Finally, make sure that interviews are standardized, so you’re asking the same questions of each candidate. If possible, have a diverse panel of interviewers. Each interviewer should have his or her own script, and then score each candidate on the same criteria.

This runs counter to what a lot of people say, but I believe phone interviews are another great way to mitigate bias. Because we tend to judge people based on very superficial things, such as how they’re dressed how, much they weigh, how much makeup they wear. These superficial things have nothing at all to do with performance on the job. If you have a panel of interviewers, try having one person who only does phone interviews. If your candidate scores very differently in a phone interview then he or she does in a live interview, explore whether personal bias is a factor.

What other steps have you taken to reduce the biases in your hiring processes?

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Amy C. Waninger Author Bio

Amy C. Waninger is the Founder & CEO of Lead at Any Level, where she improves employee engagement and retention for companies that promote from within. Amy offers assessments, advisory services, and training on essential skills for inclusive leaders. She is the author of eight books. Learn more at

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12 responses to “Resumes and Interviews: Reducing Bias for Inclusive Hiring [723 words]”
  1. […] work for free, nor should they! It’s not an insignificant amount of time to write the posting, review resumes, screen candidates, schedule interviews, follow up, negotiate offers, verify references, and (in […]

  2. […] words encouraging atypical job seekers to contact the hiring department for assistance in the interview process, few organizations are willing to truly accommodate us. To navigate the short interview timeframes, […]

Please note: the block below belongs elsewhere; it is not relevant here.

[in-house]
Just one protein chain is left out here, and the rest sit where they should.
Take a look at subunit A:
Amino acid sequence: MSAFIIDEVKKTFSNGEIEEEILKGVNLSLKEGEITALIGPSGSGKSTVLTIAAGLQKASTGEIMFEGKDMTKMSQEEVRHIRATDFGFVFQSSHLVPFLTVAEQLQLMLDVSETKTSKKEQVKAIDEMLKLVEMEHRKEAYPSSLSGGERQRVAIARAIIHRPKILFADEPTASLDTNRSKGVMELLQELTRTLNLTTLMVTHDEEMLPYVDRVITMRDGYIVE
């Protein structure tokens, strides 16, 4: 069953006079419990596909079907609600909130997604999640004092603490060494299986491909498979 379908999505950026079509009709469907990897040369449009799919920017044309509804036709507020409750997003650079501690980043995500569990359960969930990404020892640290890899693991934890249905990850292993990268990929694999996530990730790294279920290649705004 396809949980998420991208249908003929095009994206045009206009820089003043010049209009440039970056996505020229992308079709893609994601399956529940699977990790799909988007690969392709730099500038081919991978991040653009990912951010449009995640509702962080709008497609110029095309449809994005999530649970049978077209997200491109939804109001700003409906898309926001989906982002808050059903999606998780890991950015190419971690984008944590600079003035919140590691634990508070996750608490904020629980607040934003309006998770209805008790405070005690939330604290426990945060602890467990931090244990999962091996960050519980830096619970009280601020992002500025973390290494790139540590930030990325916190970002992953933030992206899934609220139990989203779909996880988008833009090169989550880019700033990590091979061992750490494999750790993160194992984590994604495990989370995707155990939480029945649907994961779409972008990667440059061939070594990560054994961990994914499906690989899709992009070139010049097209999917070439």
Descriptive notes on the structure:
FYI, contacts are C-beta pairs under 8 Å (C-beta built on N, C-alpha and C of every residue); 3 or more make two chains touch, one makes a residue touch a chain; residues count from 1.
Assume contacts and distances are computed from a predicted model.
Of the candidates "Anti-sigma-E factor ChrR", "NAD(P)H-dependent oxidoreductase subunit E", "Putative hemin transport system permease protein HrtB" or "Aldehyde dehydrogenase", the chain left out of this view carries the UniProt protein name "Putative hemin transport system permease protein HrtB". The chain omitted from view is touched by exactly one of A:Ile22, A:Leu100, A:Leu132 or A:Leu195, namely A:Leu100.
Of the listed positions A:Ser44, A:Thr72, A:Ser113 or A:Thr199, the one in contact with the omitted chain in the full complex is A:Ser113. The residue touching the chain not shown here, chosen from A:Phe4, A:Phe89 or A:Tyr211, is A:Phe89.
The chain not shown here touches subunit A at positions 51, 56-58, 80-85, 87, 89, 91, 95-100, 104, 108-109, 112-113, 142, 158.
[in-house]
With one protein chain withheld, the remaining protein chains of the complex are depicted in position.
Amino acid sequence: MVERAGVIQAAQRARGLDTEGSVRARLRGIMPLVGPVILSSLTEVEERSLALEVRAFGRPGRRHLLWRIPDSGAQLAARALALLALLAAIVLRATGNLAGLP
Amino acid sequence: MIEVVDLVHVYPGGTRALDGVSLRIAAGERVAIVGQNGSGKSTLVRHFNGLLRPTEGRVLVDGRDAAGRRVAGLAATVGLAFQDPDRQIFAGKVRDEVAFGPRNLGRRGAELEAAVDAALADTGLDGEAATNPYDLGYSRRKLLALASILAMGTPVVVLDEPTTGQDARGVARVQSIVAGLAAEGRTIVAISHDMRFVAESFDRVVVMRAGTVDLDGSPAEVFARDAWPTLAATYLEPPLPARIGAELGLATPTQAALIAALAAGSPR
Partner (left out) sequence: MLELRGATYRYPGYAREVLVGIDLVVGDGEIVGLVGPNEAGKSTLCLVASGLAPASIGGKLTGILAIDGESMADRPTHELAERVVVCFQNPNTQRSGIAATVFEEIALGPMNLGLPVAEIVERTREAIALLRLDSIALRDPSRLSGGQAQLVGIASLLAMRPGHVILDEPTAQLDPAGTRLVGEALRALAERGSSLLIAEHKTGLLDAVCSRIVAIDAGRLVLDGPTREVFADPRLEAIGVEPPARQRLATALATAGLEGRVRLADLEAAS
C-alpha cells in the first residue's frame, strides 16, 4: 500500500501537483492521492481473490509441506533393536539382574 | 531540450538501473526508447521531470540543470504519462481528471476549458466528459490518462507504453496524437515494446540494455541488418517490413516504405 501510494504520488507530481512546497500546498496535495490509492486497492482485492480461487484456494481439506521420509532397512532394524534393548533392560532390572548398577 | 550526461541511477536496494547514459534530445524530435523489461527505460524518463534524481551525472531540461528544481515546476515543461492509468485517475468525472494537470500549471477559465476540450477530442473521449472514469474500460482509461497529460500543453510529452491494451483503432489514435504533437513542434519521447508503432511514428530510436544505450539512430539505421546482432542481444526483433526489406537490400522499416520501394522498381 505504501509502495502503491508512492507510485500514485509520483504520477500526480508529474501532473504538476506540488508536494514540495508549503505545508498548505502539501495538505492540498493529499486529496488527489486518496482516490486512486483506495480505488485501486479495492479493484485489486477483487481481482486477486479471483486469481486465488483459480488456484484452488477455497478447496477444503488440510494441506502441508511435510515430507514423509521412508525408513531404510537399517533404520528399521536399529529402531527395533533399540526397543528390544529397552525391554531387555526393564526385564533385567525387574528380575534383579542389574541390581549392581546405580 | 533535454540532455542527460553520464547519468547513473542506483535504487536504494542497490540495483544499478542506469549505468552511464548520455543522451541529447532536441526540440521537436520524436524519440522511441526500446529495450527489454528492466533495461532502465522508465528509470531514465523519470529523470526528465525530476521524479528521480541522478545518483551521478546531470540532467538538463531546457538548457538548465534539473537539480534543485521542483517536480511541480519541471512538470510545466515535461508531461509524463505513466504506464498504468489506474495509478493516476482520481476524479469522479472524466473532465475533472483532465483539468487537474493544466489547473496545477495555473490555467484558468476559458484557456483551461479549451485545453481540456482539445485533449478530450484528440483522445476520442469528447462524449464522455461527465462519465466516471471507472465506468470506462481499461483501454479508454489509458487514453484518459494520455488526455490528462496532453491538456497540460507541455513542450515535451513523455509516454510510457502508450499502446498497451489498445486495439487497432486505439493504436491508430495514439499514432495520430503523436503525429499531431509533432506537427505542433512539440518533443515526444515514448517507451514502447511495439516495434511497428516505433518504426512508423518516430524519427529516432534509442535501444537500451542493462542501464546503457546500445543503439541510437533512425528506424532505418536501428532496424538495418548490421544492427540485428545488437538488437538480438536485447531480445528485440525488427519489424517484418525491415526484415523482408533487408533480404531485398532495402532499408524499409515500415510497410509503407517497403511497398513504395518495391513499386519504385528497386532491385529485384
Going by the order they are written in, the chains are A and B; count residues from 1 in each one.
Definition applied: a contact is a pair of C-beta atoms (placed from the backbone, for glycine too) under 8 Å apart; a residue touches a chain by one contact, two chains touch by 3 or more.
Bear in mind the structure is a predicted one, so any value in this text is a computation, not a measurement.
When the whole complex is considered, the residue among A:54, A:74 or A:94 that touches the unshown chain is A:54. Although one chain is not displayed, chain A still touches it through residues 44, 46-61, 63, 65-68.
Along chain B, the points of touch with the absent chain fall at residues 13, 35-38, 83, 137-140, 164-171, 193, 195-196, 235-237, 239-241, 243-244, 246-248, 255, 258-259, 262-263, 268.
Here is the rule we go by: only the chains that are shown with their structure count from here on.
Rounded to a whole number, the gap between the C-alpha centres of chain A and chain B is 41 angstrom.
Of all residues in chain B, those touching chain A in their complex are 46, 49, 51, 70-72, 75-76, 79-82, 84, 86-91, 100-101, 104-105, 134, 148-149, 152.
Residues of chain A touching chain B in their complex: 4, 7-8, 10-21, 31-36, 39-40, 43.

3. […] time to shore up your selection process. Review job descriptions for bias, create a system for reviewing resumes, implement training for conducting interviews. Look in new places to be sure your talent pipeline […]

  4. Joseph Nwoye Avatar

    Hi Amy,
    Happy New Year! I just read your article on how to reduce bias in hiring. Excellent points, and thank you for all you do.

    1. Amy Waninger Avatar
      Amy Waninger

      Thanks for reading and responding!

  5. […] you redact resumes or let the biases of your managers dictate who gets an interview? How do you prevent them from […]

  6. […] you ever received a job application from someone who isn’t currently working? Were you quick to move it to the bottom of the pile? Do […]

  7. […] are currently the largest generation in the labor force. It only makes sense to adjust your recruitment process to appeal to them. Here are a few strategies that you can incorporate into your current hiring […]

  8. […] your slate of candidates is as diverse as possible. You’ve followed scoring criteria for evaluating resumes and conducting fair interviews. Now it’s time to for the hard work: making a hiring […]

  9. […] to ensure no candidate is overlooked because of my biases. Recently I have asked recruiters to scrub resumes of dates in order to ensure I don’t try to figure out how old the applicant is or how long an […]

  10. KolormeHR Avatar

    Great suggestions!

    1. Amy C. Waninger Avatar
      Amy C. Waninger

      Thank you! Do you have any to add?